Biography (Cyclopedia of World Authors, Fourth Revised Edition)
Martin Amis (AY-mihs) became a distinguished contributor to British letters immediately upon his 1971 graduation from Oxford, when he began reviewing books for the Observer. His prize-winning first novel, The Rachel Papers, appeared in 1973, the beginning of a prolific career rivaling that of his father, novelist Kingsley Amis. In contrast to those of his father, however, Amis’s novels are in a style often called postmodern. Heavily influenced by such writers as Vladimir Nabokov, Amis experimented with techniques including the unreliable narrator, direct address to the audience, and a self-consciously playful use of language. By the 1990’s Amis had become one of the premier living British writers, nominated for many prizes and discussed frequently in the literary press, often in a manner that crossed over into gossip. Public interest in Amis’s life, as well as his works, probably derived from some combination of curiosity about his father, admiration of his achievement as a writer, and envy of his intelligence and self-confidence.
Amis was born August 25, 1949, in Oxford, England, to Kingsley Amis and the former Hilary Bardwell. An older brother, Philip, was born in 1947 and a younger sister, Sally, in 1954. The family lived for a time in Wales and later in Princeton, New Jersey, for one year, an experience that gave Amis a feeling of connection with the United States. His parents separated in 1963, and his mother, Hilary, moved with the children to Majorca for four months. From that point on, Kingsley Amis lived with the novelist Elizabeth Jane Howard until their divorce in 1980. During this period Martin divided his allegiance between two households. His rapport with his father’s second wife, whom he called Jane, was warm. He credits her for taking charge of his schooling during a tumultuous adolescence. In 1981 Hilary, now married to Alastair Kilmarnock, returned with her husband to care for Kingsley in his declining years. Kingsley Amis died in 1995.
After three years at Exeter College, Oxford, Amis became a literary journalist and started work on his first novel, The Rachel Papers. During this time, his seven-year affiliation with the New Statesman had begun. There he worked alongside two men who became his close friends: James Fenton and Christopher Hitchens. The three of them were leading lights of literary London, establishing reputations that remained undiminished for the next several decades. After leaving the New Statesman in 1980, Amis continued to publish reviews and nonfiction in that periodical and many others in England and the United States. He was loosely associated with a group of fellow Oxford graduates including novelists Ian McEwan and Julian Barnes, critic and biographer Ian Hamilton, and journalist Tina Brown. Most of these people remained friends and associates, despite the painful rift in...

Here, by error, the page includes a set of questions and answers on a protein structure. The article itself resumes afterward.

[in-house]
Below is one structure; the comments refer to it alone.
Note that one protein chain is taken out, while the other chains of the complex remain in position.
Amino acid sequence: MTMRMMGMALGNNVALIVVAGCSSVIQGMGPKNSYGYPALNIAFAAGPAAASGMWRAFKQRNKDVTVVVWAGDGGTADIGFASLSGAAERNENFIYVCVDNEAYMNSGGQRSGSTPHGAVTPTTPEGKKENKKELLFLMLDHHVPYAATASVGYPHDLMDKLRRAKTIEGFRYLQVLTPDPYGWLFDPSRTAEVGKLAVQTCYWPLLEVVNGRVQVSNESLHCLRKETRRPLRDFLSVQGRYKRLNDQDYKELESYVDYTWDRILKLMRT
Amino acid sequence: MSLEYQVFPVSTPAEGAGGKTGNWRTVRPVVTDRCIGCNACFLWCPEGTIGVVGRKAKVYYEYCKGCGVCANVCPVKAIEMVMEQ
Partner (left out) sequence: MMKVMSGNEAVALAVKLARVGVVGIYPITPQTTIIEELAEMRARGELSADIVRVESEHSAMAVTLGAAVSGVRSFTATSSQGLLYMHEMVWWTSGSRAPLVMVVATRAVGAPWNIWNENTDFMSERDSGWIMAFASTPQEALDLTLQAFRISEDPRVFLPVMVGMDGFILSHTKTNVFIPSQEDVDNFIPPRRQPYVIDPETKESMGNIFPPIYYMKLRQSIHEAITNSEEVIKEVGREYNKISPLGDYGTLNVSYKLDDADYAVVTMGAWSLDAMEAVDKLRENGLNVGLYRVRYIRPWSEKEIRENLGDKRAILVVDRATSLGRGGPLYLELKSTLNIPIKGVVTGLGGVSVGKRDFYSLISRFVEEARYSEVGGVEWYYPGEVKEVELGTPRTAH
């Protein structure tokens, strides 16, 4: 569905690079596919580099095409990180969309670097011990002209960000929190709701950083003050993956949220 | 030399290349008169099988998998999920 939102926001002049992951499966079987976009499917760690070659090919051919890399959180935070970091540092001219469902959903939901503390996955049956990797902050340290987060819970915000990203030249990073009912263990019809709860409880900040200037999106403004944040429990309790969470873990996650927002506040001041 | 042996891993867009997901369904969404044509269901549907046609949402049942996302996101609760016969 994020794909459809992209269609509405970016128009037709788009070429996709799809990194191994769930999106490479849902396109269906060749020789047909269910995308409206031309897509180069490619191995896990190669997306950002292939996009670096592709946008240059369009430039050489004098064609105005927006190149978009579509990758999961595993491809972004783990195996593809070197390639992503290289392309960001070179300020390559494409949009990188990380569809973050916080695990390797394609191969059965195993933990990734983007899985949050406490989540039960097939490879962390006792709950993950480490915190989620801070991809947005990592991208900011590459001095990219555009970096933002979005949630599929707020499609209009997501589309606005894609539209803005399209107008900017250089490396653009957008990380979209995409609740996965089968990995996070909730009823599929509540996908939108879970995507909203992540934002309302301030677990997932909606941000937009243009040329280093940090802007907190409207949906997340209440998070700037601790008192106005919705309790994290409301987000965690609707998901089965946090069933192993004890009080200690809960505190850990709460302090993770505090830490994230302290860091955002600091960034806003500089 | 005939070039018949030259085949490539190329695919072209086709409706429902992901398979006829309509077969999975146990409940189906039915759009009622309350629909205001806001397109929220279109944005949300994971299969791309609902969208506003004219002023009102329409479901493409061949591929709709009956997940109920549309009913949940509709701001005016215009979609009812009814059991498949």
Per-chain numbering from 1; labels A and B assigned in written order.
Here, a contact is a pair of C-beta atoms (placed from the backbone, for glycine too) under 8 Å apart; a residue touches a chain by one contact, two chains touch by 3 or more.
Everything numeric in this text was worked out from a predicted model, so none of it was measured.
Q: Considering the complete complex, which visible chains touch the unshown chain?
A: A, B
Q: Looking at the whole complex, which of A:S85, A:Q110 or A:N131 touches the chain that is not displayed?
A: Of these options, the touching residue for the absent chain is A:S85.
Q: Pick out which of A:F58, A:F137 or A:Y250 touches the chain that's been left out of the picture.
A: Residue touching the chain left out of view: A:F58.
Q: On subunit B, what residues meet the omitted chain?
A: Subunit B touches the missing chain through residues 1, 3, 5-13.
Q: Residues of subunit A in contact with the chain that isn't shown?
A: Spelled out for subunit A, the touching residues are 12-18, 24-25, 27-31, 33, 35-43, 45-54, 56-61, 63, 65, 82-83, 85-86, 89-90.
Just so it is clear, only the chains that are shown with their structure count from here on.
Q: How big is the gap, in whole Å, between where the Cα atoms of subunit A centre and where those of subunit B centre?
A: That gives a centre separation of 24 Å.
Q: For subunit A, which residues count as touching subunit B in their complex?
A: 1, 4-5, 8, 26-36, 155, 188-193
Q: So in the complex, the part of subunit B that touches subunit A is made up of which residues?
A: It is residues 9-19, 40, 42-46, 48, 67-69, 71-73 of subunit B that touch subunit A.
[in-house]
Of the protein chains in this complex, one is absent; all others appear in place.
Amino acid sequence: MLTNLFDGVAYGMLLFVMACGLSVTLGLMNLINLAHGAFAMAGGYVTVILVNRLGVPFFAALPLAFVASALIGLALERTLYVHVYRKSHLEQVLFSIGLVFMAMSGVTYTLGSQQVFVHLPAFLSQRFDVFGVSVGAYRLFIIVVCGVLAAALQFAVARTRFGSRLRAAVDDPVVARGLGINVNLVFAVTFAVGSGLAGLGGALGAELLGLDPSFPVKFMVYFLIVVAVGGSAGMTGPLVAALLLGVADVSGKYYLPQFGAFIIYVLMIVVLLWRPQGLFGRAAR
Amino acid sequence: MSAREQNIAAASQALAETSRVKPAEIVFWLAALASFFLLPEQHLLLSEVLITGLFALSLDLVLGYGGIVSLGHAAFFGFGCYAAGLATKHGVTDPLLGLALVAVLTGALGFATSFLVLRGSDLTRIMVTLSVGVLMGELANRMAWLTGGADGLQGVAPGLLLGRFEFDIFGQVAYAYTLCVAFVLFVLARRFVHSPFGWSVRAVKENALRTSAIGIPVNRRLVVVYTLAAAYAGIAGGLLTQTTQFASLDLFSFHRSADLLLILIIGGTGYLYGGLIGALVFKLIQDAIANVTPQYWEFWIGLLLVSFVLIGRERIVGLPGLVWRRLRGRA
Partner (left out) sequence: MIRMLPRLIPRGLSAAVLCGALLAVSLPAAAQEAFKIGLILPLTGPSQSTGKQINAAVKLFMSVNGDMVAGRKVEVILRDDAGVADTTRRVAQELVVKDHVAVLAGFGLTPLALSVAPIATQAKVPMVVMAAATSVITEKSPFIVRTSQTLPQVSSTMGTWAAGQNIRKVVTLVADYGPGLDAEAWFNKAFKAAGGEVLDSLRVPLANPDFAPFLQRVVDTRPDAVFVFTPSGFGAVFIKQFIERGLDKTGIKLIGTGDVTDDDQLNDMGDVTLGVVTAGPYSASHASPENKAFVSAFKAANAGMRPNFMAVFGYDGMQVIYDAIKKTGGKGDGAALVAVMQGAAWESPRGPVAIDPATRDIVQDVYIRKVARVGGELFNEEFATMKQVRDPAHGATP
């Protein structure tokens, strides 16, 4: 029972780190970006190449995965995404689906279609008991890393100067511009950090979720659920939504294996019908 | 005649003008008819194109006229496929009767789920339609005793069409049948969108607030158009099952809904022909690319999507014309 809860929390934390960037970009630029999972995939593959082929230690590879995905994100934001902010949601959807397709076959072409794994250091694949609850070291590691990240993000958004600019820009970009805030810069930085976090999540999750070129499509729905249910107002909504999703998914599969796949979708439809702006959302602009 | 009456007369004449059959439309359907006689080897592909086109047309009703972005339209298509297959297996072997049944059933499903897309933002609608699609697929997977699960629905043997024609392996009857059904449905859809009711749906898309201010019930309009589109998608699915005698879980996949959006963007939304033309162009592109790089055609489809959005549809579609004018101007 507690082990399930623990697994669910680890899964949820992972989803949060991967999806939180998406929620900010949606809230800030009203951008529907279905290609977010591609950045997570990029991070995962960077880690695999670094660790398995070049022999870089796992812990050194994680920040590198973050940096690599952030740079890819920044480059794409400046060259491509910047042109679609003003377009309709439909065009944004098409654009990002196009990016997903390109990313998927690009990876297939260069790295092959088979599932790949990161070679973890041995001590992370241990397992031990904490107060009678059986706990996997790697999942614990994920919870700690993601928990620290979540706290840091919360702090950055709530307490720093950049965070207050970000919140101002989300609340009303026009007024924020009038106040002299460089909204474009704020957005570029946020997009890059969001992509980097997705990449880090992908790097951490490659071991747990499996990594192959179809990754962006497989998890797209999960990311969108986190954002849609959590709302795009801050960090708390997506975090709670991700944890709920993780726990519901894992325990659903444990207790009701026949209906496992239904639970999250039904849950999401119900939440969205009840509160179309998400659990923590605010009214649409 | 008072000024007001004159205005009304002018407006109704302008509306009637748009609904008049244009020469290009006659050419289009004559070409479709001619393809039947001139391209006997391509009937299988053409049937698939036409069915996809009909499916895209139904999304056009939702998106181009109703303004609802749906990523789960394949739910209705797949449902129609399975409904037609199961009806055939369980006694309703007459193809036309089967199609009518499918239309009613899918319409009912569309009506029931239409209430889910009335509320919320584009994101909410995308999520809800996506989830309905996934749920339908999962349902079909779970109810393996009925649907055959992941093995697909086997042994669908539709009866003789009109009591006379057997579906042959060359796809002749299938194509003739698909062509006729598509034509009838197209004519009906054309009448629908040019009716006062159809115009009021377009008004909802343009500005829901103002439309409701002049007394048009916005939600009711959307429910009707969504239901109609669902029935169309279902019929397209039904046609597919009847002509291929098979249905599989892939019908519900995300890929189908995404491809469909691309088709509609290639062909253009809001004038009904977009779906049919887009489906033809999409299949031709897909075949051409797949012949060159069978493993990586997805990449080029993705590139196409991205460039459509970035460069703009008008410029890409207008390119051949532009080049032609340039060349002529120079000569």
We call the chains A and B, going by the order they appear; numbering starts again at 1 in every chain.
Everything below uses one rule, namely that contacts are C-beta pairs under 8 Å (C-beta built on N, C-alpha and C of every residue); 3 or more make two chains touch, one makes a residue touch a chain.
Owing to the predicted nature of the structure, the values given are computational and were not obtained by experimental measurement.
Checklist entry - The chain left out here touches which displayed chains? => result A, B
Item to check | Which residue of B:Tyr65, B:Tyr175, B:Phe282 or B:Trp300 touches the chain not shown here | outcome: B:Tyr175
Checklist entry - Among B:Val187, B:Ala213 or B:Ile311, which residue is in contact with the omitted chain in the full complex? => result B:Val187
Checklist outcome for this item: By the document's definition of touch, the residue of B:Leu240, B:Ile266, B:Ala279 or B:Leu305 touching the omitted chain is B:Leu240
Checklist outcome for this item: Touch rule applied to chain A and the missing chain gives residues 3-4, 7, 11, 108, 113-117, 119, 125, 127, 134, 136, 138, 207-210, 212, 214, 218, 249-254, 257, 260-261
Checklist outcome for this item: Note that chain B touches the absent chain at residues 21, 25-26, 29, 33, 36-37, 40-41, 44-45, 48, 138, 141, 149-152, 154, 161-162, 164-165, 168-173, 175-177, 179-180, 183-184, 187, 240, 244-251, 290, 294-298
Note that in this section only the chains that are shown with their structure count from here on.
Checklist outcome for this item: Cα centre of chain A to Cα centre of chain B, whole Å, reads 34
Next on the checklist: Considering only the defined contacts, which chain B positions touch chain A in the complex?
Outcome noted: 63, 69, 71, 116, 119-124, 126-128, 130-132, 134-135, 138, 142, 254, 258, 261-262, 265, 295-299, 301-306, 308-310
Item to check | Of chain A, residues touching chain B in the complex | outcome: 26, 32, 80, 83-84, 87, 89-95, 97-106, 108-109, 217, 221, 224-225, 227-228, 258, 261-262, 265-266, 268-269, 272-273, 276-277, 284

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Biography (Critical Survey of Long Fiction, Fourth Edition)
The son of the novelist Kingsley Amis, Martin Louis Amis spent his early years in Swansea, in south Wales, where his father held a teaching position at Swansea University. The family spent a year in Princeton, New Jersey, in 1959, and then moved to Cambridge, England. Amis’s parents were divorced when Amis was twelve, and this had a disruptive effect on his schooling: He attended a total of fourteen schools in six years. As a teenager he had a brief acting career, appearing in the film A High Wind in Jamaica (1965). In 1968 he entered Exeter College, Oxford, and graduated in 1971 with first-class honors in English. He immediately became editorial assistant for The Times Literary Supplement and began writing his first novel, The Rachel Papers. In 1975 Amis became assistant literary editor of the New Statesman, and his second novel, Dead Babies, was published in the same year.
In 1980, when Amis was a writer and reviewer for the London newspaper The Observer, he reported his discovery that the American writer Jacob Epstein had plagiarized as many as fifty passages from The Rachel Papers for his own novel Wild Oats (1979). The accusation created a storm in the literary world. Epstein quickly conceded that he had indeed copied passages from Amis’s novel and others into a notebook that he had then inadvertently used for his own novel. Thirteen deletions were made for the second...
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Biography (Magill's Survey of World Literature, Revised Edition)